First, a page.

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Topic: Blue Origin

NASA partner Blue Origin to Test Precision Lunar Landing Technologies

 

NASA - National Aeronautics and Space AdministrationWashington, D.C. – From the rim of Shackleton crater to permanently shadowed regions on the Moon, a NASA-developed sensor suite could allow robotic and crewed missions to land precisely on the lunar surface within half the distance of a football field.

Technologies to enable exact and soft landings on the Moon and other worlds will fly on Blue Origin’s next New Shepard suborbital rocket launch was supposed to launch on September 24th but had to be scrubbed. When a new launch time is announced, it will be posted to nasa.gov/live and the NASA TV Upcoming Events page.

The New Shepard booster lands after this vehicle's sixth consecutive flight December 11th, 2019. (Blue Origin)

The New Shepard booster lands after this vehicle’s sixth consecutive flight December 11th, 2019. (Blue Origin)

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NASA Technology designed for Lunar Landings helps Self-Driving Cars be Safer

 

NASA - National Aeronautics and Space AdministrationWashington, D.C. – NASA is advancing a laser-based technology designed to help spacecraft land on a proverbial dime for missions to the Moon and Mars.

The technology will undergo testing on upcoming suborbital rocket launches with Blue Origin on its New Shepard rocket and ride to the Moon on several commercial landers as part of the Artemis program. Simultaneously, companies are using the technology to help self-driving cars navigate rush hour traffic on this planet.

Psionic's Doppler lidar was recently flight-tested via NASA’s Flight Opportunities program to help mature a precision landing capability for future missions to the Moon. (Lauren Hughes)

Psionic’s Doppler lidar was recently flight-tested via NASA’s Flight Opportunities program to help mature a precision landing capability for future missions to the Moon. (Lauren Hughes)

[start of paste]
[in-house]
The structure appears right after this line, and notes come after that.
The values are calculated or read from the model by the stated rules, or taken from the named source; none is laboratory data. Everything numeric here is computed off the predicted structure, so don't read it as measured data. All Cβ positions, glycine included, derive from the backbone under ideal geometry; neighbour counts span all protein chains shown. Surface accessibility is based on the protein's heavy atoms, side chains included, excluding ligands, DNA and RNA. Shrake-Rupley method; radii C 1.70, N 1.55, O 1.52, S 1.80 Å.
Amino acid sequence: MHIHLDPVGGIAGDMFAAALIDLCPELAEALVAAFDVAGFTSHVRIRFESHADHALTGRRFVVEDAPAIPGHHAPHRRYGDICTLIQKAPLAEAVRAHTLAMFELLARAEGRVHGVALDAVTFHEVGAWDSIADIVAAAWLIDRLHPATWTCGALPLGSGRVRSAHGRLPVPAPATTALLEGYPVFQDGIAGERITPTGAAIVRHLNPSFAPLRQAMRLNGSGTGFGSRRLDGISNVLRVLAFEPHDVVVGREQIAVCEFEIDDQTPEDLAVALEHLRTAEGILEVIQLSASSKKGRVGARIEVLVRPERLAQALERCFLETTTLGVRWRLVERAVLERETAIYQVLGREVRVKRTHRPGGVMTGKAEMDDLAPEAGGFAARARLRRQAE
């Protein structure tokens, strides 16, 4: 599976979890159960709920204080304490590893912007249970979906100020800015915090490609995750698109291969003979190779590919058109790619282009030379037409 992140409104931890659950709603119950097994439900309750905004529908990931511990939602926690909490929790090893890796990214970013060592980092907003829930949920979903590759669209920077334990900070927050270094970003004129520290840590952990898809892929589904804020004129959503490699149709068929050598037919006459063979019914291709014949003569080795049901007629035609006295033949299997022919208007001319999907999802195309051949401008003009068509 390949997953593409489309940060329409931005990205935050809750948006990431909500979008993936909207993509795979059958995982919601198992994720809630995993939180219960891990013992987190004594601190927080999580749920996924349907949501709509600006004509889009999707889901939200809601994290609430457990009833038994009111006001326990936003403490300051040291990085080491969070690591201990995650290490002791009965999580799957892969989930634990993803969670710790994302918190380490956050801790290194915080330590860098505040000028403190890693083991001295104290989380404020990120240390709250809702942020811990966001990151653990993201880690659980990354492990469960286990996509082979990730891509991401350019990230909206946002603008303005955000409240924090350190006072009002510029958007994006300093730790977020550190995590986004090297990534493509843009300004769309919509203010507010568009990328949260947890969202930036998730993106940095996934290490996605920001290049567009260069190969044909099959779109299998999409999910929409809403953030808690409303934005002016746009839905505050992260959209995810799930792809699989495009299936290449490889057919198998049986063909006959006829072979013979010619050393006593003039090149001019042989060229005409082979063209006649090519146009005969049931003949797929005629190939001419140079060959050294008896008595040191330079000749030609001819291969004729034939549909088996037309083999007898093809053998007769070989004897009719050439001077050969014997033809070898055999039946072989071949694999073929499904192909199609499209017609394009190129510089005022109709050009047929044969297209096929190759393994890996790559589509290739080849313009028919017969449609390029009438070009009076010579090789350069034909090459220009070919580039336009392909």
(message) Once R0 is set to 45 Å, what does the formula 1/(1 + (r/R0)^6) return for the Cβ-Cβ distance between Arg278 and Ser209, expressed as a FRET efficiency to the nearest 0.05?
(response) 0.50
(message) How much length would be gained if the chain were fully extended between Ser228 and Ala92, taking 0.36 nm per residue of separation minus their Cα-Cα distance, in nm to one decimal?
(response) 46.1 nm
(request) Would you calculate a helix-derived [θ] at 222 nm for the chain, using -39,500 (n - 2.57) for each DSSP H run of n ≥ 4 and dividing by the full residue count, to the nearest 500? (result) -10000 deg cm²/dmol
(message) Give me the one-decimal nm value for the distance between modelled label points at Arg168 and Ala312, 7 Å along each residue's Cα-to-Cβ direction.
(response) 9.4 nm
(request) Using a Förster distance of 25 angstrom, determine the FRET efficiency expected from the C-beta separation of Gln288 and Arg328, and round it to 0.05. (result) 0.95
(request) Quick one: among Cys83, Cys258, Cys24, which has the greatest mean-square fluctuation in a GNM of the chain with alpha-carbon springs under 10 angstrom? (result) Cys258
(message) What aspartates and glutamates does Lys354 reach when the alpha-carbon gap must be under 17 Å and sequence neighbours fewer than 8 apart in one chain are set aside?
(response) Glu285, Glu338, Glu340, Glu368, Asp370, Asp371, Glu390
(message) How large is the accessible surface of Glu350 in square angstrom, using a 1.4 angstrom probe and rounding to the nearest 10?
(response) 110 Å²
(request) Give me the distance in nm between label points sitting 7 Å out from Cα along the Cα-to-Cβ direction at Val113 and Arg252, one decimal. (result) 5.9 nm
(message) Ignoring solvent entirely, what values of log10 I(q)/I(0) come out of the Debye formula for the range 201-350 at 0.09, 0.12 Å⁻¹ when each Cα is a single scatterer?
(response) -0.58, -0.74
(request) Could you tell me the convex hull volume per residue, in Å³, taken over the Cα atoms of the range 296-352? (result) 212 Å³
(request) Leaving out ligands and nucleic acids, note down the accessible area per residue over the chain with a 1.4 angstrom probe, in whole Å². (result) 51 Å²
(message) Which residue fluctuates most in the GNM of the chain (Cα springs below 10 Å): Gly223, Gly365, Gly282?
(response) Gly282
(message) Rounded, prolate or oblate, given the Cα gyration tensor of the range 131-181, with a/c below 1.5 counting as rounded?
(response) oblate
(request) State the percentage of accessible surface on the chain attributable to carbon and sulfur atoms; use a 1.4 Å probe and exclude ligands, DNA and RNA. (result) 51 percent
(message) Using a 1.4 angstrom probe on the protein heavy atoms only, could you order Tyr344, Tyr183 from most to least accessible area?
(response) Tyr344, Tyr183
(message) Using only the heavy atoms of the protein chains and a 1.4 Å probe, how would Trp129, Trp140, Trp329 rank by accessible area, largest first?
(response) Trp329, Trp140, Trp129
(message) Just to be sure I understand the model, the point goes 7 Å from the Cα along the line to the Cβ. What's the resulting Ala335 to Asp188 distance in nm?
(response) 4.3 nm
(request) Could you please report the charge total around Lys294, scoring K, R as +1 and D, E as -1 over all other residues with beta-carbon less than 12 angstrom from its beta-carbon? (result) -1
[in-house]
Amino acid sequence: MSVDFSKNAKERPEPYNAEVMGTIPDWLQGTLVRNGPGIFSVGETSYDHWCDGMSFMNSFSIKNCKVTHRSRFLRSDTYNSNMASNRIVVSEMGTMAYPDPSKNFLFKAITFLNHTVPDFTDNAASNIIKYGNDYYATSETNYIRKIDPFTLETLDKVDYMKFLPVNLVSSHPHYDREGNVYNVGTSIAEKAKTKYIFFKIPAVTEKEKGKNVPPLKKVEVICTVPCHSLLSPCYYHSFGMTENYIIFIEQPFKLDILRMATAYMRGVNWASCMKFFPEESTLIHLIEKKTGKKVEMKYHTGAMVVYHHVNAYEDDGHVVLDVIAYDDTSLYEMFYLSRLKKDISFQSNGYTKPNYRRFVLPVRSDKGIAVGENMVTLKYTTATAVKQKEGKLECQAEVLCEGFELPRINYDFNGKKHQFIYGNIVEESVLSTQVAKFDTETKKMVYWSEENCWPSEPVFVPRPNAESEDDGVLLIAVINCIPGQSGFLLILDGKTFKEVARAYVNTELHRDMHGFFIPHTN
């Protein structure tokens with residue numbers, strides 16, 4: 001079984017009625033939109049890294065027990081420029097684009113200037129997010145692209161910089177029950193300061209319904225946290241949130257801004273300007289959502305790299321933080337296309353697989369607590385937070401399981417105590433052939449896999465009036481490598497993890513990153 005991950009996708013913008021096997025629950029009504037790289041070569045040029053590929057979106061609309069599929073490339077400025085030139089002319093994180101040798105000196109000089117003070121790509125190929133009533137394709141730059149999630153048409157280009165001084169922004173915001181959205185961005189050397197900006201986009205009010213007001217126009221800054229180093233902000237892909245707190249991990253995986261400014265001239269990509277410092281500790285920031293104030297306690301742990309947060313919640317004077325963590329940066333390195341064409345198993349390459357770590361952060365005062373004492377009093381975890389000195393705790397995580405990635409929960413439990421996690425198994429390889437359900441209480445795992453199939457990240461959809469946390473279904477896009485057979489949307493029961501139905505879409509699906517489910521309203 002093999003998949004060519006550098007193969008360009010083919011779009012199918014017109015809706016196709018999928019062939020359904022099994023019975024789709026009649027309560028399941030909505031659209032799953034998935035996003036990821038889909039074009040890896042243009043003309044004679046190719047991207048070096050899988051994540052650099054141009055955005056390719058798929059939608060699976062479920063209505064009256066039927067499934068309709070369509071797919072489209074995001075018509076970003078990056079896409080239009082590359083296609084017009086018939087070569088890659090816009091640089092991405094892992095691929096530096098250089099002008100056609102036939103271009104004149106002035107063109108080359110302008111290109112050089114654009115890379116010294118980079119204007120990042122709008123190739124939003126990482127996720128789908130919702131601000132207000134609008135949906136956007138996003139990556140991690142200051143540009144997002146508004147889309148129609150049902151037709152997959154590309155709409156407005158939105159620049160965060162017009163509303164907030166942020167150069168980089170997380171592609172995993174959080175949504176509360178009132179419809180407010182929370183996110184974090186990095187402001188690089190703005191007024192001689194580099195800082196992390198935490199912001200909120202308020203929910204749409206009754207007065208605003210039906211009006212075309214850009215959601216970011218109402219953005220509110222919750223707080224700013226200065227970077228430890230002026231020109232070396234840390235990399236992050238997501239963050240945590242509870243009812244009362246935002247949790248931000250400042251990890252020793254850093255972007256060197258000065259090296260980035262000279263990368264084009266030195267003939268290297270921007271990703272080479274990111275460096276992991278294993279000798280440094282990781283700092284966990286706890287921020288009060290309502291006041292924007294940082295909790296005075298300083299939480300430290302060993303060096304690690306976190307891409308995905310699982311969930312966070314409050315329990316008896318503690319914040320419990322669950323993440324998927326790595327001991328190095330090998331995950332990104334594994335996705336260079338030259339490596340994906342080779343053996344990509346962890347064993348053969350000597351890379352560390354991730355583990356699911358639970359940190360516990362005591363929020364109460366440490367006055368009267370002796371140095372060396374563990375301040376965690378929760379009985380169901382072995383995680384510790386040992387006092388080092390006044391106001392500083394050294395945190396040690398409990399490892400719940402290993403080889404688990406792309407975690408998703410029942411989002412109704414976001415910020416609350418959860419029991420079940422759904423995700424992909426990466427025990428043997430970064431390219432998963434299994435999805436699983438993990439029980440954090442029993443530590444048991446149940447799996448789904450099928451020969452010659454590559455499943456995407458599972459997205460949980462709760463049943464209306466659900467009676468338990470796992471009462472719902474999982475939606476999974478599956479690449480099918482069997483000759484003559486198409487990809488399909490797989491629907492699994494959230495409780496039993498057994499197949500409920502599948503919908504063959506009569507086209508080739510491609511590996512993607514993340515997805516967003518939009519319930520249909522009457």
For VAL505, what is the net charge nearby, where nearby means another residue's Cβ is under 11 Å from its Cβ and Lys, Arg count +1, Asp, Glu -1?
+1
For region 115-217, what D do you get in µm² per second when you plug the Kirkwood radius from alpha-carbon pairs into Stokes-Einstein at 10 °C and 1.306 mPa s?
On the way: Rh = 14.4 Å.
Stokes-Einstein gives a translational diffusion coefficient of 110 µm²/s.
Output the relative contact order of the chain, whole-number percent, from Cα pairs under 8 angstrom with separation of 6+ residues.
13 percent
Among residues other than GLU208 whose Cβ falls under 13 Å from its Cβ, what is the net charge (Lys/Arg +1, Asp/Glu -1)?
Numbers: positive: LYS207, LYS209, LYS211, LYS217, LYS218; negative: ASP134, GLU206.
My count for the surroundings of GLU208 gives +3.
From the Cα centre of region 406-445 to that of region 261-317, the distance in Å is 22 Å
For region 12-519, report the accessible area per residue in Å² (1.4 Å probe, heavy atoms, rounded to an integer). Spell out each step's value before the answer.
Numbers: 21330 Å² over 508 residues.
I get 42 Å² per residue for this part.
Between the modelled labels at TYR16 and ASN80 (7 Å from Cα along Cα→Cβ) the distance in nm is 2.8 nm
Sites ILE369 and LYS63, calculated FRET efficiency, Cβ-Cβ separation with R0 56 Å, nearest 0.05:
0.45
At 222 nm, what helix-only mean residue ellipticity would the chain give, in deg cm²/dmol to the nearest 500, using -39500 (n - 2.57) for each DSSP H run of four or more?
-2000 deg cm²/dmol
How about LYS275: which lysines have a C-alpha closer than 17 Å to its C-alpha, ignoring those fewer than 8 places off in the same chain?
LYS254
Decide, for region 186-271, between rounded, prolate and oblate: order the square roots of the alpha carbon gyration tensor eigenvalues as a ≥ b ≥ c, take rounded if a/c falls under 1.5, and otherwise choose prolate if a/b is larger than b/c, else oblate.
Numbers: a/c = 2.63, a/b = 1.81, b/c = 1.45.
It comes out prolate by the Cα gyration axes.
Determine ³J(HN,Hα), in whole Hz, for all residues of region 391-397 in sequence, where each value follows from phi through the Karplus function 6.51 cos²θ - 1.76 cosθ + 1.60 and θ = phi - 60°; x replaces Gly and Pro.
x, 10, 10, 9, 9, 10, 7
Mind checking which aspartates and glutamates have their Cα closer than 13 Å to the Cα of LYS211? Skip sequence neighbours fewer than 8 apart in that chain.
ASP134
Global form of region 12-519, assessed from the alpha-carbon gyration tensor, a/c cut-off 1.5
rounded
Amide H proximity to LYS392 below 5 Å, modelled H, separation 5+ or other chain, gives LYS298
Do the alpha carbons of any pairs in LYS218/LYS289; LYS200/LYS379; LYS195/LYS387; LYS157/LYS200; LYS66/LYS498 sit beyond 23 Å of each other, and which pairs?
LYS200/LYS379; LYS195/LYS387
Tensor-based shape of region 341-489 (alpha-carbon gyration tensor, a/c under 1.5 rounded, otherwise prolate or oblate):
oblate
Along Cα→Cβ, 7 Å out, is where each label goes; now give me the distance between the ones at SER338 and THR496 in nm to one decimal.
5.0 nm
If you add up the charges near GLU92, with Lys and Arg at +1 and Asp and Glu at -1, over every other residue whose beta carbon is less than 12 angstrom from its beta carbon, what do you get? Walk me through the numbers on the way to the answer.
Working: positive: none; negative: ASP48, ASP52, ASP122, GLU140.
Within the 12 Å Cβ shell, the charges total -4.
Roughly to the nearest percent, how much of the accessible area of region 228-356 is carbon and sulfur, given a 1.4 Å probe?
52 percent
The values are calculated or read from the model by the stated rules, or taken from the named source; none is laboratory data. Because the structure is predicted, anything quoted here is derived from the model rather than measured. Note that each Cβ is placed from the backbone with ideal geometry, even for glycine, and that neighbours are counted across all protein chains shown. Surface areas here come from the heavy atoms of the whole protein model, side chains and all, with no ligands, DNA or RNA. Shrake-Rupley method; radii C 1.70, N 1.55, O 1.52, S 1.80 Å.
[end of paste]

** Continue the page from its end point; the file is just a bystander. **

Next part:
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NASA’s Doug Wheelock gets Astronauts ready for Moon Landing

 

NASA - National Aeronautics and Space AdministrationEdwards, CA – Astronaut  Doug “Wheels” Wheelock spent his NASA career expanding knowledge of living and working in space. His new mission is working to determine the best way to train astronauts to return to the surface of the Moon.

Wheelock is a veteran test pilot and retired U.S. Army colonel who has accumulated 178 days in space and was a guest speaker at NASA’s Armstrong Flight Research Center in California during a recent virtual Safety Day.

Astronaut Scott Parazynski, while anchored to a foot restraint, assessed his repair work as the solar array was fully deployed while Space Suttle Discovery was docked with the International Space Station. Astronaut Doug Wheelock (out of frame) assisted from the truss by keeping an eye on the distance between Parazynski and the array. (Doug “Wheels” Wheelock)

Astronaut Scott Parazynski, while anchored to a foot restraint, assessed his repair work as the solar array was fully deployed while Space Suttle Discovery was docked with the International Space Station. Astronaut Doug Wheelock (out of frame) assisted from the truss by keeping an eye on the distance between Parazynski and the array. (Doug “Wheels” Wheelock)

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Homegrown designs sprout for NASA’s Commercial Crew Program

 

NASA - National Aeronautics and Space AdministrationWashington, D.C. – The expression goes, “Necessity is the mother of invention.” And right now there is a need for NASA and the United States to have reliable access to low Earth orbit from homegrown sources. So, NASA’s Commercial Crew Program and a number of American-led private companies are working together on new and innovative plans to do just that.

For example, when NASA astronauts journey to the International Space Station again after being launched from Cape Canaveral, FL, they could do so atop the same vehicle that rocketed the agency’s Curiosity rover toward the surface of Mars on November 26th.

Media receive an update on SpaceX's Falcon 9 rocket and Dragon capsule, which are being matured for two NASA purposes: cargo and crew. (Photo credit: Jim Grossmann)

Media receive an update on SpaceX's Falcon 9 rocket and Dragon capsule, which are being matured for two NASA purposes: cargo and crew. (Photo credit: Jim Grossmann)

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